The tense relationship between Egyptians and the police corps took a new turn after deadly clashes between riot police and protesters earlier this month left more than 300 people dead.
In addition to charges of brutality, security forces were accused of deserting the streets of Cairo leaving residents of the city vulnerable to attacks by thugs and looters.
But on Monday, hundreds of police officers, waving Egyptian flags, marched in Cairo and Alexandria to show what they described as solidarity with protesters who toppled President Hosni Mubarak.
Some scuffles broke out between the police protesters and civilians who accused them of trying to jump onto the bandwagon in an attempt to steal their revolution.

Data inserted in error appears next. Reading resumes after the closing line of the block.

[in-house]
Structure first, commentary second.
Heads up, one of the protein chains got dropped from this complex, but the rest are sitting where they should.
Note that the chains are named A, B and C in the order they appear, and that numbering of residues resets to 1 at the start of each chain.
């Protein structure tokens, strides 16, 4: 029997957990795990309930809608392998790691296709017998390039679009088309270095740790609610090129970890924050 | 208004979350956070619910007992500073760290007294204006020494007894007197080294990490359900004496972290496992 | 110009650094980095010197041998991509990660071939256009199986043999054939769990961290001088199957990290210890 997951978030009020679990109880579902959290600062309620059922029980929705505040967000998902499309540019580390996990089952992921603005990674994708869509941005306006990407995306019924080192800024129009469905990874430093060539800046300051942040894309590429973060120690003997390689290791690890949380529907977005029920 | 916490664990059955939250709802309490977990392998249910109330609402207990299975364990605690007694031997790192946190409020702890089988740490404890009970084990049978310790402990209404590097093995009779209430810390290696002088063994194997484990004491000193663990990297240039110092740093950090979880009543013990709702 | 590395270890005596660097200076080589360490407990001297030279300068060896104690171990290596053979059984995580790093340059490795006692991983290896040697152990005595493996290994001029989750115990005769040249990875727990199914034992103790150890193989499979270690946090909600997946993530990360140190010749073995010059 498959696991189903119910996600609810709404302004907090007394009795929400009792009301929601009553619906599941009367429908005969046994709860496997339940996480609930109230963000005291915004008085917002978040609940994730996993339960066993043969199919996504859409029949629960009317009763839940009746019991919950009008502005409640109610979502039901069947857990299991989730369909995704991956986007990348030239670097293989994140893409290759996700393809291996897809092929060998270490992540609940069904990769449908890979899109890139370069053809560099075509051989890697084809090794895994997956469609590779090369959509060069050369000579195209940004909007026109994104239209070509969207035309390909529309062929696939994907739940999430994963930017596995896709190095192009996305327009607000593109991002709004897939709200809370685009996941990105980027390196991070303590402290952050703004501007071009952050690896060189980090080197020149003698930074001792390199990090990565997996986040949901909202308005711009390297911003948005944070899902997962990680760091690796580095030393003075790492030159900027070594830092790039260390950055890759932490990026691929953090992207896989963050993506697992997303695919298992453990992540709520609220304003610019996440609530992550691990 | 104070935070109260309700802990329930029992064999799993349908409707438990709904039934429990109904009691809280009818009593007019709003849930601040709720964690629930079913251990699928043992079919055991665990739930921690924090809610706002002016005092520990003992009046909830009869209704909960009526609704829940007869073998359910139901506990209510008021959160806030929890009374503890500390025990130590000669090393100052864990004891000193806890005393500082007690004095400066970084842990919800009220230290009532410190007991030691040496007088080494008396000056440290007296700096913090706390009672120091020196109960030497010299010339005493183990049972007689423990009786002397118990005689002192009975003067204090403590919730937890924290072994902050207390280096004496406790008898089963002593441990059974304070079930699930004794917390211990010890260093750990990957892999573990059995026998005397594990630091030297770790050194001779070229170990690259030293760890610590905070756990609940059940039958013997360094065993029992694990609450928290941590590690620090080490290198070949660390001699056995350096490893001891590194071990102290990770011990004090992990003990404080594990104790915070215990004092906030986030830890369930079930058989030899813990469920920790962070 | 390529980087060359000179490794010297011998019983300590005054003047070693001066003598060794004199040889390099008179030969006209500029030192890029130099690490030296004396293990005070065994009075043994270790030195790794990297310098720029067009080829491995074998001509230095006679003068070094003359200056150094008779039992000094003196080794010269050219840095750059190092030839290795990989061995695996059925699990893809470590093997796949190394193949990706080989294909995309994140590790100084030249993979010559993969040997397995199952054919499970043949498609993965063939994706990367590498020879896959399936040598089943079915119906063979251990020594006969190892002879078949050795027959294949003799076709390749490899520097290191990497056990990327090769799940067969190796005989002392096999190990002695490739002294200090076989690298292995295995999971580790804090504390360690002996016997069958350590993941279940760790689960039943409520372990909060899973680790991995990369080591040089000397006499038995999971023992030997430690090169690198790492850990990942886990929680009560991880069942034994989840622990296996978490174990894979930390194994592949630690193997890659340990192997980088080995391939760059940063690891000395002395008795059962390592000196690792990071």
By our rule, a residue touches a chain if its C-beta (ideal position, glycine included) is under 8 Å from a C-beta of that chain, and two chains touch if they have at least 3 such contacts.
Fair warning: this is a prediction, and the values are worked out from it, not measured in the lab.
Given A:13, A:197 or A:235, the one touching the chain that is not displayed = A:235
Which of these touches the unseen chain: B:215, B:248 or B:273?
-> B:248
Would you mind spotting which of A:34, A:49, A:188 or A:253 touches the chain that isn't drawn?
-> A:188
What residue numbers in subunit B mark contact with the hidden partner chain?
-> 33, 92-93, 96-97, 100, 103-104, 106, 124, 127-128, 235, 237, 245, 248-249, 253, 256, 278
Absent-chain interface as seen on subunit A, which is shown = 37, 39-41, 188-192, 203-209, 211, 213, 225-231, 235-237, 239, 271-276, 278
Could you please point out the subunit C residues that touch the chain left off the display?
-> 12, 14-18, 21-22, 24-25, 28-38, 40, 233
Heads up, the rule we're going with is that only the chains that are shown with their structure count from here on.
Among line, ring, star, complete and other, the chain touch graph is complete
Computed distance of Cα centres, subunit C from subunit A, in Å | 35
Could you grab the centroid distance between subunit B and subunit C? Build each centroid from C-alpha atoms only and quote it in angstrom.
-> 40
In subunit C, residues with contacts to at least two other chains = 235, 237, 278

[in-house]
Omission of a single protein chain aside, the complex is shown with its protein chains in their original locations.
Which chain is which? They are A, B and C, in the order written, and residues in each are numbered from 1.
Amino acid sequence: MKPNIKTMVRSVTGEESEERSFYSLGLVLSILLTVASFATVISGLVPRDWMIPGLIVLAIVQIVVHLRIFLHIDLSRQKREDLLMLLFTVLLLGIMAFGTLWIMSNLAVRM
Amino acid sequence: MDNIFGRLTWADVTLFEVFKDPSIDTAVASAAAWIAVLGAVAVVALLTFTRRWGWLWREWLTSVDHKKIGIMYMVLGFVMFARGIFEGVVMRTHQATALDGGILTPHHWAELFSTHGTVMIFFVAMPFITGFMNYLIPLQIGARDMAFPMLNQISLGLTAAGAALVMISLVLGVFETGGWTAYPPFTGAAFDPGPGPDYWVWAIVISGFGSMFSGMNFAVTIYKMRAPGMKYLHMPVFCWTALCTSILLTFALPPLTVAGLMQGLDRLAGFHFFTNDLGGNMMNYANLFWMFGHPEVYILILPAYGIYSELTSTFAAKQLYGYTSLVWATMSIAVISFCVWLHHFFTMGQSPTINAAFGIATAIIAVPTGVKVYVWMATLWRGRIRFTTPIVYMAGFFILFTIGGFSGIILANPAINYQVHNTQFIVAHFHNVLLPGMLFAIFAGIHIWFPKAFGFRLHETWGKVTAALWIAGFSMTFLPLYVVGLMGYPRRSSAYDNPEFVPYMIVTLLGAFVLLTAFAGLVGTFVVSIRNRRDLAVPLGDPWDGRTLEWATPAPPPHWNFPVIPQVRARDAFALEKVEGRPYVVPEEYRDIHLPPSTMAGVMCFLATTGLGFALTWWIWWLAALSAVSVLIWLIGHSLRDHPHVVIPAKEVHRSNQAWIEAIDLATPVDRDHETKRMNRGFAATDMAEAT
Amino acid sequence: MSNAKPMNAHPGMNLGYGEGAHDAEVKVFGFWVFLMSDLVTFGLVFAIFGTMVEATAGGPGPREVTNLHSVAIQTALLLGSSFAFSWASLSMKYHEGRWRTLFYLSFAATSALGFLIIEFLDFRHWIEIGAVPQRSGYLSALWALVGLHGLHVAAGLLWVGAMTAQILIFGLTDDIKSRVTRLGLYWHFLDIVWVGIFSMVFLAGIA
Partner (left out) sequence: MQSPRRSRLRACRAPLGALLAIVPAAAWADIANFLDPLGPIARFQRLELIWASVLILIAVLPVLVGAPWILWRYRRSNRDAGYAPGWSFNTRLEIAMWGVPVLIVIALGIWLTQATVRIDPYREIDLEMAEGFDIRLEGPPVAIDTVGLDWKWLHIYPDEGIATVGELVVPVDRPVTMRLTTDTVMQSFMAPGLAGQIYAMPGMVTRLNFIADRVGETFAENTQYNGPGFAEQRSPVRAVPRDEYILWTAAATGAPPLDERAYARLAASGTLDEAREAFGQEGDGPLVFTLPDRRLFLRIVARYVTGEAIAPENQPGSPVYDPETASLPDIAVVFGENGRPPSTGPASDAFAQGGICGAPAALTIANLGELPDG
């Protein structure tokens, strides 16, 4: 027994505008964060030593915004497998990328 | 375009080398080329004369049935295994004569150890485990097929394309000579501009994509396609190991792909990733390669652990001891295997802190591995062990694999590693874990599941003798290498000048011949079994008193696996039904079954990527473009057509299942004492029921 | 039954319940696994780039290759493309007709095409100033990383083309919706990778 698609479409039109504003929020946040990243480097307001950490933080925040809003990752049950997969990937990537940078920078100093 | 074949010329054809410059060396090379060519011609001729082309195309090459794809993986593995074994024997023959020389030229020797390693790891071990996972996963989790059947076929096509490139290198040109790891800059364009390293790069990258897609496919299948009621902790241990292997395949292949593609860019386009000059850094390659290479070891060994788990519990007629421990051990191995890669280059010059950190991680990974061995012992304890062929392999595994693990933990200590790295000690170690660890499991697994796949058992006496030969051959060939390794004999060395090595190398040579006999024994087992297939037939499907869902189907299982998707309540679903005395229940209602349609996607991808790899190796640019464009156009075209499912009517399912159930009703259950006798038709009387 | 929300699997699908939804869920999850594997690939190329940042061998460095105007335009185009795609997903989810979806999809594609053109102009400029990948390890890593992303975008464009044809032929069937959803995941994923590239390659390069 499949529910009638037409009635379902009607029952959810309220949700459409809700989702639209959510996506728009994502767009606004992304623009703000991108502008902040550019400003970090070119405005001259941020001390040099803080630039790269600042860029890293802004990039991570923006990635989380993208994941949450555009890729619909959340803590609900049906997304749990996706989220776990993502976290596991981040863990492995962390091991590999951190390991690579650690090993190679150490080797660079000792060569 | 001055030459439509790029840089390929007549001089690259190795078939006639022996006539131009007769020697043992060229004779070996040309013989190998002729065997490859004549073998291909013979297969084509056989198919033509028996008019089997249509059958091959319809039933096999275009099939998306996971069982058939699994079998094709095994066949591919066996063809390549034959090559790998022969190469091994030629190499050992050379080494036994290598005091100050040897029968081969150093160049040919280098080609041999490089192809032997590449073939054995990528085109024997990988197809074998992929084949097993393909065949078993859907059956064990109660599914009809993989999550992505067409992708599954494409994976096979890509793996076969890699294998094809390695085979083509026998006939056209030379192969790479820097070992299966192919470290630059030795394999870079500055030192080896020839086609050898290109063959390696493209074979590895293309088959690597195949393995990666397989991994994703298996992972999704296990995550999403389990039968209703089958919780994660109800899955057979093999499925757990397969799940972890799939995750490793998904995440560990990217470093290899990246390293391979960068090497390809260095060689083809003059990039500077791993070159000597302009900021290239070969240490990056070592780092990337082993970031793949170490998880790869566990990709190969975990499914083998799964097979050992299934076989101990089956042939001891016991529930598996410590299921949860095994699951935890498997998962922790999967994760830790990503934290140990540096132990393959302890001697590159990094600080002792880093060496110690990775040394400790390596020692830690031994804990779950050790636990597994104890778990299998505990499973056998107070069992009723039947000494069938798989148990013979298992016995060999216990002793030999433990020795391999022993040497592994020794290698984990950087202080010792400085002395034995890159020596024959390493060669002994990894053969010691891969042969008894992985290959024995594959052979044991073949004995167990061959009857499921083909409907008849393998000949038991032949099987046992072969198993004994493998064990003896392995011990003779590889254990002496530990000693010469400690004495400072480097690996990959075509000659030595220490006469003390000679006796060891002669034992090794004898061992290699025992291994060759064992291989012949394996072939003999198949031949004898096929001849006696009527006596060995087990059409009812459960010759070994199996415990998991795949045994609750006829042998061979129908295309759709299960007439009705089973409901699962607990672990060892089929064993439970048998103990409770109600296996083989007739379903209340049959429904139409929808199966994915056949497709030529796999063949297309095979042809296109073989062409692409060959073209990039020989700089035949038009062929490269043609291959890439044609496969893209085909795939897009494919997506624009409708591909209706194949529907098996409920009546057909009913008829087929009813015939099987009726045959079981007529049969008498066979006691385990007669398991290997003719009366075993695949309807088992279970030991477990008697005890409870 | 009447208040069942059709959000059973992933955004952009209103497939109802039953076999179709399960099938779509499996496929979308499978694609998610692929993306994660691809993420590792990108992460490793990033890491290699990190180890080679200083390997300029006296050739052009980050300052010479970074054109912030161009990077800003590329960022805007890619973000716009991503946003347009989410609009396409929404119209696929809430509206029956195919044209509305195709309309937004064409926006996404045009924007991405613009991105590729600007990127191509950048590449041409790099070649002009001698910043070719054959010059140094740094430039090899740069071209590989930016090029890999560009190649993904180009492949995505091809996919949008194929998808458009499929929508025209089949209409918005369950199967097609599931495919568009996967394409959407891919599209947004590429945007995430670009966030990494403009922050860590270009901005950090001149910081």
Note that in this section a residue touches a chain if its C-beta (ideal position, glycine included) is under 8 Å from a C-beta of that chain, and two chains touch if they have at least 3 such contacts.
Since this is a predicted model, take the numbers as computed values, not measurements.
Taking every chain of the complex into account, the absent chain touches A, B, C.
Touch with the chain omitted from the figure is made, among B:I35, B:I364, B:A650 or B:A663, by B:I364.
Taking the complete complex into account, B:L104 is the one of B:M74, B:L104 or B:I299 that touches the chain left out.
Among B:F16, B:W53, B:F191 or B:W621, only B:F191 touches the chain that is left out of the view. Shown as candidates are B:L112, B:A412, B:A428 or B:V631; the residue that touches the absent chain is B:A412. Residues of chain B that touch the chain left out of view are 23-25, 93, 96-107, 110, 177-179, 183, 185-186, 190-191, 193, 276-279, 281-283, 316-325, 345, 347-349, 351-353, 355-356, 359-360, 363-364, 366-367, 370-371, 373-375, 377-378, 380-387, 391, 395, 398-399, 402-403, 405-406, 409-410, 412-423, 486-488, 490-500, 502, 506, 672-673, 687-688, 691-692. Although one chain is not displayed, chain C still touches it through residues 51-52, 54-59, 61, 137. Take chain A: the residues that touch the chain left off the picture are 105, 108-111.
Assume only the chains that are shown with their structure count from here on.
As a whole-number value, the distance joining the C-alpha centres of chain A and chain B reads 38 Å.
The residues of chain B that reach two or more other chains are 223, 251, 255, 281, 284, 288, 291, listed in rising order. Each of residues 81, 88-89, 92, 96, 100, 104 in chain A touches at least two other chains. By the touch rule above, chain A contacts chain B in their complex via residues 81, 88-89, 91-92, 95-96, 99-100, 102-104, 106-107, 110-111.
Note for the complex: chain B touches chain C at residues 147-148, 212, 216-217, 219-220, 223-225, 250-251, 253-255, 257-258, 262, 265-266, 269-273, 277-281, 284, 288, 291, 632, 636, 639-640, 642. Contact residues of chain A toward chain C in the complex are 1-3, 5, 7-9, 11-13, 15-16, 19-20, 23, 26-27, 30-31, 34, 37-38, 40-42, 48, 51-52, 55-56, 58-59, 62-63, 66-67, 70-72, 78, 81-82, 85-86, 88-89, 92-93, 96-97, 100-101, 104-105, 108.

Low to mid-ranking police officers say they were unfairly portrayed as traitors and enemies of the people, adding that they share the same troubles as other Egyptians: low wages and lack of freedom.
With hundreds dead and thousands injured, can the Egyptian police force wipe out its bloody history with the people of Egypt?
Joining us to discuss theses issues are: Dr Ahmed Okasha, a professor of psychiatry at Ein Shams University, and the former president of the World Psychiatric Association; Wael Omar, an activisit and documentary filmmaker who was injured by rubber bullets during the protests; and Hisham Safie Eldin, a former police officer.
This episode of Inside Story aired from Tuesday, February 15, 2011.
Source: Al Jazeera